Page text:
Studies out in the world,
Oh, they were done by,

Stanley, Stanley, Stanley…

Stanley, your legacy will always last,
The studies, you know their time is never past,
Today we, reflect on, your quirky ideas,
And wonder what else would,
Have come from your creative mind,
The field wants to know,
Will there be any more of your kind?

Stanley, Stanley,
How to forward a letter,
Became a real trend-setter,
Transmission showed such ease,
We talk of six degrees,
’Round the globe or down the hall,
The world is so small,

Stanley, Stanley, Stanley…

Your work we’ll always cite,
We will cite,
We will cite…
(Fade out)



The above song should be pretty straightforward. Each of three lines of research discussed in my introduction is the subject of one of the verses, whereas the other sections offer more general impressions.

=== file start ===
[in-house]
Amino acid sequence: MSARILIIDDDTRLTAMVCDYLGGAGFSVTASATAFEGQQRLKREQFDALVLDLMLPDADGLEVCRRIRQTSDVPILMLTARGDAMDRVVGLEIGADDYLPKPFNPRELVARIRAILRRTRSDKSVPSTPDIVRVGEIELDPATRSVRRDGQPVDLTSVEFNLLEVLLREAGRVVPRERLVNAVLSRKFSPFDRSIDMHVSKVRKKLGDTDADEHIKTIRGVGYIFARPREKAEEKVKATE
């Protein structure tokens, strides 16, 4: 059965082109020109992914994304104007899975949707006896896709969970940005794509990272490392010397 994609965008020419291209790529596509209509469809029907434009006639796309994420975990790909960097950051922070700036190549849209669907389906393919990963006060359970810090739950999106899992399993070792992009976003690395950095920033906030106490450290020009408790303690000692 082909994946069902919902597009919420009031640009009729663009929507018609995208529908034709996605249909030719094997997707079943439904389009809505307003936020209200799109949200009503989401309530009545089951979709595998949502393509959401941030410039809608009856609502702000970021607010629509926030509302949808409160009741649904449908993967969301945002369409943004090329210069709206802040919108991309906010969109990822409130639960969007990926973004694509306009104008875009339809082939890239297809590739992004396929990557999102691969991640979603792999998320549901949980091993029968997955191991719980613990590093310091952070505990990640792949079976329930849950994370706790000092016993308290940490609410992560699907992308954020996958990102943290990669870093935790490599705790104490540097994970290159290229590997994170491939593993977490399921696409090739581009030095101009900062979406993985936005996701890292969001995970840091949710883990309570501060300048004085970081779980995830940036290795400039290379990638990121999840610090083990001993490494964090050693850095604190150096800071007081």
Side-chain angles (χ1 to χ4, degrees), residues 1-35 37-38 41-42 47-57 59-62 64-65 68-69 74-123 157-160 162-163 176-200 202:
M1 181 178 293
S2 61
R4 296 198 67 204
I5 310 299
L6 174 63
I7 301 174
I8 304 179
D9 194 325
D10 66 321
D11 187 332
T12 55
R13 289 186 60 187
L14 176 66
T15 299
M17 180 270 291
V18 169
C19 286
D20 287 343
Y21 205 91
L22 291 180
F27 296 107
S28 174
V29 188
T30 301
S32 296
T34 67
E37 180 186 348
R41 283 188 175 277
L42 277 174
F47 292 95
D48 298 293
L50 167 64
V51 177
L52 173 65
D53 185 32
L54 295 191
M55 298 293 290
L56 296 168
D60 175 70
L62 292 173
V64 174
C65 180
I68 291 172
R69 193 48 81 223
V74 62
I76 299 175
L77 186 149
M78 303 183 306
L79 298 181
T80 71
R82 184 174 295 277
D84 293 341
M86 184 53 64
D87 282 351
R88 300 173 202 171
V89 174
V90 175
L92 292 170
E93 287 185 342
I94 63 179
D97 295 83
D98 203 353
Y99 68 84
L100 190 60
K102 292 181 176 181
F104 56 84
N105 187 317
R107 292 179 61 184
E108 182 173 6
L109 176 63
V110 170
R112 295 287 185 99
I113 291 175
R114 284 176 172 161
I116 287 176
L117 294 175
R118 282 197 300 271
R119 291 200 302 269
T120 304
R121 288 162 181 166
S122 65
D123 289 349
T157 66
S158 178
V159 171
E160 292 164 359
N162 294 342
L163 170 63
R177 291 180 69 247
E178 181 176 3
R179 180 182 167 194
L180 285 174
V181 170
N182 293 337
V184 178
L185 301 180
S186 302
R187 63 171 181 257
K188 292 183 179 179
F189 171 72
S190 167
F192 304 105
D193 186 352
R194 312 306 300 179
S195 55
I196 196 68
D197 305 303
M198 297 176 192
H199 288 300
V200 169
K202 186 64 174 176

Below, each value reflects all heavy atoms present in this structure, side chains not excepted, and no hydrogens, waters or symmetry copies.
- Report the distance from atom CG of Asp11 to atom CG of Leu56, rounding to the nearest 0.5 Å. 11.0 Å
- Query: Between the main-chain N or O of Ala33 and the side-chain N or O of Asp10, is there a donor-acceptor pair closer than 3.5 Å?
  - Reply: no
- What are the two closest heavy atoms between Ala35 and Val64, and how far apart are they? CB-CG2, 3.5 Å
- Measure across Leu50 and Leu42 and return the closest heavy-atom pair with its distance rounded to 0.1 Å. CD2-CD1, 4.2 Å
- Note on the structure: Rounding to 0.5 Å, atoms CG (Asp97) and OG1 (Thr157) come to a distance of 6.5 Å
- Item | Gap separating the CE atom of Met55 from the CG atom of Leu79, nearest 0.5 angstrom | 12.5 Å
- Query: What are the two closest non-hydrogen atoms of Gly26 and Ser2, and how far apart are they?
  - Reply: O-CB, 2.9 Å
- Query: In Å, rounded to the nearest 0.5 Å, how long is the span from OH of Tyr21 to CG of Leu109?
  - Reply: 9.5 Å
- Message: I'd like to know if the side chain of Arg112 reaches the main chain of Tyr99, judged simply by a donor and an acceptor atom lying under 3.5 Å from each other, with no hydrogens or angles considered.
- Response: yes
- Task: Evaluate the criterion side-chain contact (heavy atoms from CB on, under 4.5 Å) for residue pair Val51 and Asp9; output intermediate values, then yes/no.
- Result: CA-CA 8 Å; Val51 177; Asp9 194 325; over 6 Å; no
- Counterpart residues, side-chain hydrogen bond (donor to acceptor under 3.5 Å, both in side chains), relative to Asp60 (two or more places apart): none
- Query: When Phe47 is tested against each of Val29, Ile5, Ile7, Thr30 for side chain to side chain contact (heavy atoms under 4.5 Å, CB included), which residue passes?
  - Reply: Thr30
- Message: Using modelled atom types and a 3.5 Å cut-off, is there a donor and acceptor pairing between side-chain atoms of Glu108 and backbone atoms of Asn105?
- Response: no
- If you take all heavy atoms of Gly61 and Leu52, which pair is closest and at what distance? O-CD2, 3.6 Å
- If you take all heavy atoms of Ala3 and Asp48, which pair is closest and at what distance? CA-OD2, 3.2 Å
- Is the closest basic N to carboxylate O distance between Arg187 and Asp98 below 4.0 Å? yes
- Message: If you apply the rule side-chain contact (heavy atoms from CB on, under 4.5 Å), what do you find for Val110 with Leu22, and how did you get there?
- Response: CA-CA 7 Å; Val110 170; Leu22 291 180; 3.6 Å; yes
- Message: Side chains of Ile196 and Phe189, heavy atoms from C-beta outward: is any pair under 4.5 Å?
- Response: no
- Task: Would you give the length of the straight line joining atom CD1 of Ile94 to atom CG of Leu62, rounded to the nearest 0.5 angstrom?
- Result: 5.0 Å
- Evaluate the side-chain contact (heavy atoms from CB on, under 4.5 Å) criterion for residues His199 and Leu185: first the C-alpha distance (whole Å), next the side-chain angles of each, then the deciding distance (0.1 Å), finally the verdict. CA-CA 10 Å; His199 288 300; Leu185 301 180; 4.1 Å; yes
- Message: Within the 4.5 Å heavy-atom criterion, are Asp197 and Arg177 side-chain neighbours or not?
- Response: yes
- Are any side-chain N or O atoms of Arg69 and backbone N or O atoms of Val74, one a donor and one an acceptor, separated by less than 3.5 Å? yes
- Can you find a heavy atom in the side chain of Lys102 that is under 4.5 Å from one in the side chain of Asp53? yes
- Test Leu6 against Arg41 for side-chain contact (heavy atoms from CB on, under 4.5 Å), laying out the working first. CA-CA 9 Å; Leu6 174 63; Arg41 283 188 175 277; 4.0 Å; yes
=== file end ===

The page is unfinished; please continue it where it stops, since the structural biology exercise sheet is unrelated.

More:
Further Reading

Many sources are listed in the References section of the Wikipedia page on Milgram and on this special page created by Milgram biographer Thomas Blass. Also see...

Milgram, S., Bickman, L., & Berkowitz, L. (1969). Note on the drawing power of crowds of different size. Journal of Personality and Social Psychology, 13, 79-82.

(Note: A friend of mine, Francine Rosselli, used to have her classes conduct replication studies of the gawking-at-buildings study. The most recent e-mail address I can find for her, if anyone wants further information, is: .)

Watts, D.J. (2003). Six degrees: The science of a connected age. New York: Norton.